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Establish New Ways of Working

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With COVID-19 workplace disruptions, members of your team may change the way they accomplish their work. Some may request temporary telecommute arrangements for a portion or all of the work week, while others will not. You may need to lead a fully remote team for a period of time. Certainly, working in distributed teams might be a new way of working for many individuals. Here are some tips for ensuring your team is productive and stays connected.

Best Practices

Normalize New Work Environments and New Ways of Working

On a practical basis, working with a distributed team means that on any given day, part of the team may be in person while others are joining from home. The key to success is to jump in and begin exploring new ways of working so that you and the team can become comfortable and productive in this new work environment as quickly as possible.

Utilize Stanford technology tools

Stanford has invested in a number of technology tools that are extremely effective in enabling distributed teams to efficiently communicate and collaborate. Don’t worry about mastering a large number of new tools; focus on learning the basics for  these key tools: Slack, Zoom, and Google Drive. Slack keeps your team in close contact through instant contact for  team conversations and impromptu interactions that are such a staple of  being in person. Zoom is essential for virtual meetings. Google Drive enables the storage and sharing of files across the team as well as real time collaboration. Detailed information is on the Work Anywhere website:

Share new surroundings

While you may be tempted to skip this step, especially if the team has been working together for a while, use this as an opportunity to reorient the team given the new distributed situation. On your next Zoom team meeting, encourage each person to take a minute to show the team his or her home workspace and share some personal context (e.g., barking dogs, children coming home from school, sharing a workspace with a roommate, etc.). This context can help others be more sensitive to each other’s constraints and lessen the ambiguity about what it means to work in a distributed team to break down biases and assumptions. Discuss anticipated challenges to working in a distributed environment and brainstorm potential solutions. This will help to generate new and useful ideas as well as help to strengthen the team.

Talk about talking

You have probably heard the advice that in times of change it is not possible to communicate too much and this certainly applies to navigating the COVID-19 workplace disruptions. It is also true that it is useful to discuss and create new norms for how the team will handle group and 1:1 communications. Identify how you will address 1:1s and other team meetings in a distributed environment, which could be as simple as adding a Zoom link to all calendar invitations so that a virtual connection is always available. You may also need to establish new norms for virtual meetings; e.g., always have your video camera on, or avoid multitasking during the meeting. Perhaps you decide to start and end the day with a Slack message to the team, such as a brief check-in in the morning and completing the day with a quick touch base about what you accomplished during the day. There are many creative ways to utilize the technology tools to facilitate team communications. Engage your team in conversation about what they think will work best in your environment. And, don’t forget to leave a space for social conversation. Perhaps you develop a habit of starting Zoom calls with a few minutes of casual catch up or create a Slack space to capture ideas for weekend plans. There is no one right answer for how you communicate within the team. The important thing is that you communicate.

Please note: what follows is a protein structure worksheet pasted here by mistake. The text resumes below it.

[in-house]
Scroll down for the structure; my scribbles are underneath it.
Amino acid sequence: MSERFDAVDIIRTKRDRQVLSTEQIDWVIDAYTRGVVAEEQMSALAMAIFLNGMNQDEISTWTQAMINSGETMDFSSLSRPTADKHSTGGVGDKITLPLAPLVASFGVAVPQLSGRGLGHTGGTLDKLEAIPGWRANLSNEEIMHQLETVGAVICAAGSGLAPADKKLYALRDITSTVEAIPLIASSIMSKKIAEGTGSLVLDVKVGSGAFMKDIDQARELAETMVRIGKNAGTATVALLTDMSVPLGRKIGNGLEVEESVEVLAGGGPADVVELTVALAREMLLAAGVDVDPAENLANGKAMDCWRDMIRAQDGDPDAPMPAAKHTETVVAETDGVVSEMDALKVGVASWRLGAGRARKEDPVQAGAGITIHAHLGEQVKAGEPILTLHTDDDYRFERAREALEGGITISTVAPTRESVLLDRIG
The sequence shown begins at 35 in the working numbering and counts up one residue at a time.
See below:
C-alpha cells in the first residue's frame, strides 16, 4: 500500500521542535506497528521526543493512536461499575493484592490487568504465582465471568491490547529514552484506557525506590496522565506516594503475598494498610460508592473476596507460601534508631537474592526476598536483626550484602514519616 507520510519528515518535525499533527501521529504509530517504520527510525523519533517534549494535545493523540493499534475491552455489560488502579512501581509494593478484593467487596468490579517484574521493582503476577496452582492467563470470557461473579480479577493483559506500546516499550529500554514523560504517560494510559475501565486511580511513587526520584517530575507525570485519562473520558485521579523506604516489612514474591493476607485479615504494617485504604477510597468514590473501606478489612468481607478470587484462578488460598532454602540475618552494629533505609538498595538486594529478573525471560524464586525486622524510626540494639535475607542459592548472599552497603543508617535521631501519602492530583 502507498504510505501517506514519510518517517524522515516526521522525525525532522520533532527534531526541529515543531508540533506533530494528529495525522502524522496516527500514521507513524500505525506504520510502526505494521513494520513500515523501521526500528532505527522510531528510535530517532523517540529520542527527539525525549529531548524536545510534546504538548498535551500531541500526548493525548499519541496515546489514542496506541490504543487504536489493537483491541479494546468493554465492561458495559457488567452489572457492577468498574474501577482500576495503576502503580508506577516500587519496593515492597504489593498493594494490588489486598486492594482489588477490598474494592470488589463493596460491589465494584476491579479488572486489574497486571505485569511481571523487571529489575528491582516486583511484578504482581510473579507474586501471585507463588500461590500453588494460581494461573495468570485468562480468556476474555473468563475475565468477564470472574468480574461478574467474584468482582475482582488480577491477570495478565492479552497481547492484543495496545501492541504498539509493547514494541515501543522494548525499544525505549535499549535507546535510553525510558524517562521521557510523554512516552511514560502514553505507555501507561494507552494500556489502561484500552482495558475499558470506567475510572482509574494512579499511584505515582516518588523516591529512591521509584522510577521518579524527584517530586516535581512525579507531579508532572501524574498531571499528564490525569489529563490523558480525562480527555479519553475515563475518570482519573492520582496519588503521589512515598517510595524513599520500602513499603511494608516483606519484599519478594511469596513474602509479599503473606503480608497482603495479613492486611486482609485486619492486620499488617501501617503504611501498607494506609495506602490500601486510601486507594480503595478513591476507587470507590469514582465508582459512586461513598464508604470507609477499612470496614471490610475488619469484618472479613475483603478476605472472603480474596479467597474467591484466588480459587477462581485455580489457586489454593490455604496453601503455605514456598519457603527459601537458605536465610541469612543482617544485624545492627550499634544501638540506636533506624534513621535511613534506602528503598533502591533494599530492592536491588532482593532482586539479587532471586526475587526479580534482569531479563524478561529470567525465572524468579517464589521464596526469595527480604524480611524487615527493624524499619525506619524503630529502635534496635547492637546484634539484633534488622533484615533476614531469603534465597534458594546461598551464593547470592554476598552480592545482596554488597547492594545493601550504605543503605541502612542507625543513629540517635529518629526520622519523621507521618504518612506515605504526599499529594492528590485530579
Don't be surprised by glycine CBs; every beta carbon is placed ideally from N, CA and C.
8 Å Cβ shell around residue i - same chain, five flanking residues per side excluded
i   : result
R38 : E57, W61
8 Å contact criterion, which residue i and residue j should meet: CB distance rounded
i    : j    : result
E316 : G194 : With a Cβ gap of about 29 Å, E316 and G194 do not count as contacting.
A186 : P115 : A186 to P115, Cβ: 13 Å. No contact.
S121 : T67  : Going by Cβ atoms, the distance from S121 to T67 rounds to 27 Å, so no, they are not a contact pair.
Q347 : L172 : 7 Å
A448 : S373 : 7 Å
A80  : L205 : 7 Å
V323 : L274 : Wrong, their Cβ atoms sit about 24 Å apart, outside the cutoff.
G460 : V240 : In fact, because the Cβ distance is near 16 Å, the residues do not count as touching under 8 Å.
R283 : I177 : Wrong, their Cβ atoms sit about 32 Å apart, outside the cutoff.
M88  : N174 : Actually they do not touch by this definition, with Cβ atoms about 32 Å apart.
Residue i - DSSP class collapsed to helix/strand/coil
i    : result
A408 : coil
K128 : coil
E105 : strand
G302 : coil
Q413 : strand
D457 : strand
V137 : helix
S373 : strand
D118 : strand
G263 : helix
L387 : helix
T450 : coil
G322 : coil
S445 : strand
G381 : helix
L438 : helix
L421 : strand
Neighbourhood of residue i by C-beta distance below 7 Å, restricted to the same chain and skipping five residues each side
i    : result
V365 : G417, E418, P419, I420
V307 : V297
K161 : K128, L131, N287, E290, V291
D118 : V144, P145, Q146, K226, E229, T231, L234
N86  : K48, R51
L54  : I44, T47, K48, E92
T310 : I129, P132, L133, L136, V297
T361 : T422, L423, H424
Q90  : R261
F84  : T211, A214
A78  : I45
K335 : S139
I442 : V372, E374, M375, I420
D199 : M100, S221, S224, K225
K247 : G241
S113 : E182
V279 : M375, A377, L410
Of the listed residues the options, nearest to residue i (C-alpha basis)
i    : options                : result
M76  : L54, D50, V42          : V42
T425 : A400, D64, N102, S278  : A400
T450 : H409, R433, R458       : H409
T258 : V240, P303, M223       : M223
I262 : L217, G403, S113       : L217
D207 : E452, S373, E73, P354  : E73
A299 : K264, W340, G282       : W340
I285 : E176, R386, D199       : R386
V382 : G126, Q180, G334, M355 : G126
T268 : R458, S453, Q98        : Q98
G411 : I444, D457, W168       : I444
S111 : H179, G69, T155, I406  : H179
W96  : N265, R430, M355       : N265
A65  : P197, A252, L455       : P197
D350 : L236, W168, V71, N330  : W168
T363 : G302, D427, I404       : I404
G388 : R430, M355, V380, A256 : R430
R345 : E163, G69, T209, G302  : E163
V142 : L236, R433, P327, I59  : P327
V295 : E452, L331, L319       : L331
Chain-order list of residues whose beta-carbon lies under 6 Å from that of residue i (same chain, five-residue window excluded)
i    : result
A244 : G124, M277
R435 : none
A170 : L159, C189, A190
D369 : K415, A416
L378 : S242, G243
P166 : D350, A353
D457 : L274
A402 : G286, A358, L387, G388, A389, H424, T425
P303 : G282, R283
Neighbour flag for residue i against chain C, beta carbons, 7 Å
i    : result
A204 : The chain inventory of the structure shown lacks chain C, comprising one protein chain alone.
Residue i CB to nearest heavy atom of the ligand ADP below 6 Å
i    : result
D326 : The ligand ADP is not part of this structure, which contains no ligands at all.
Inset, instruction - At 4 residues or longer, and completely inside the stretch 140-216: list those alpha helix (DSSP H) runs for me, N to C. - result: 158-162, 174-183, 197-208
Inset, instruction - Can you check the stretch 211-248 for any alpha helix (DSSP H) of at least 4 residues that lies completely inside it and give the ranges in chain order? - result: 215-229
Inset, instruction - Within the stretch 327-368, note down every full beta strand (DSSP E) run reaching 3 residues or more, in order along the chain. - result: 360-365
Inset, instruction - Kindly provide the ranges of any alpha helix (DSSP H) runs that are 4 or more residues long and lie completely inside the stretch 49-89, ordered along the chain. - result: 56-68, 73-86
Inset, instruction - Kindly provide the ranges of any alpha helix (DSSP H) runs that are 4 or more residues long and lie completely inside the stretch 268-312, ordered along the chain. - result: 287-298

Take stock

It is important that the team as a whole and individuals on the team have a clear sense of how things are going in achieving both team and individual goals and objectives. Utilize your tried and true tools for effective performance management, such as making sure you revisit goals and expectations during the year and deliver timely and effective developmental feedback. It is also important that you check in with the team regarding progress toward creating new norms that are useful in supporting the team during this period of COVID-19 workplace disruptions. These norms may include reestablishing expectations for work hours and schedules, keeping each other informed, work coverage, or taking of lunch breaks, amongst other topics. Consider devoting a portion of each staff meeting agenda to discussing what is working and what should be changed about how the team is interacting. Look to the team to provide input into what is motivating and energizing and what is draining about the current circumstances. Brainstorm solutions to address the challenges and then measure progress in achieving the solutions. Continue to check in on an individual basis. Utilize 1:1 time to learn about challenges and celebrate success. Ask for feedback as a team leader around what you can do to support the achievement of objectives and goals.


COVID-19 workplace disruptions may be short lived or they may linger for a while. Your role is to keep the team positively engaged and productive by quickly establishing new team norms.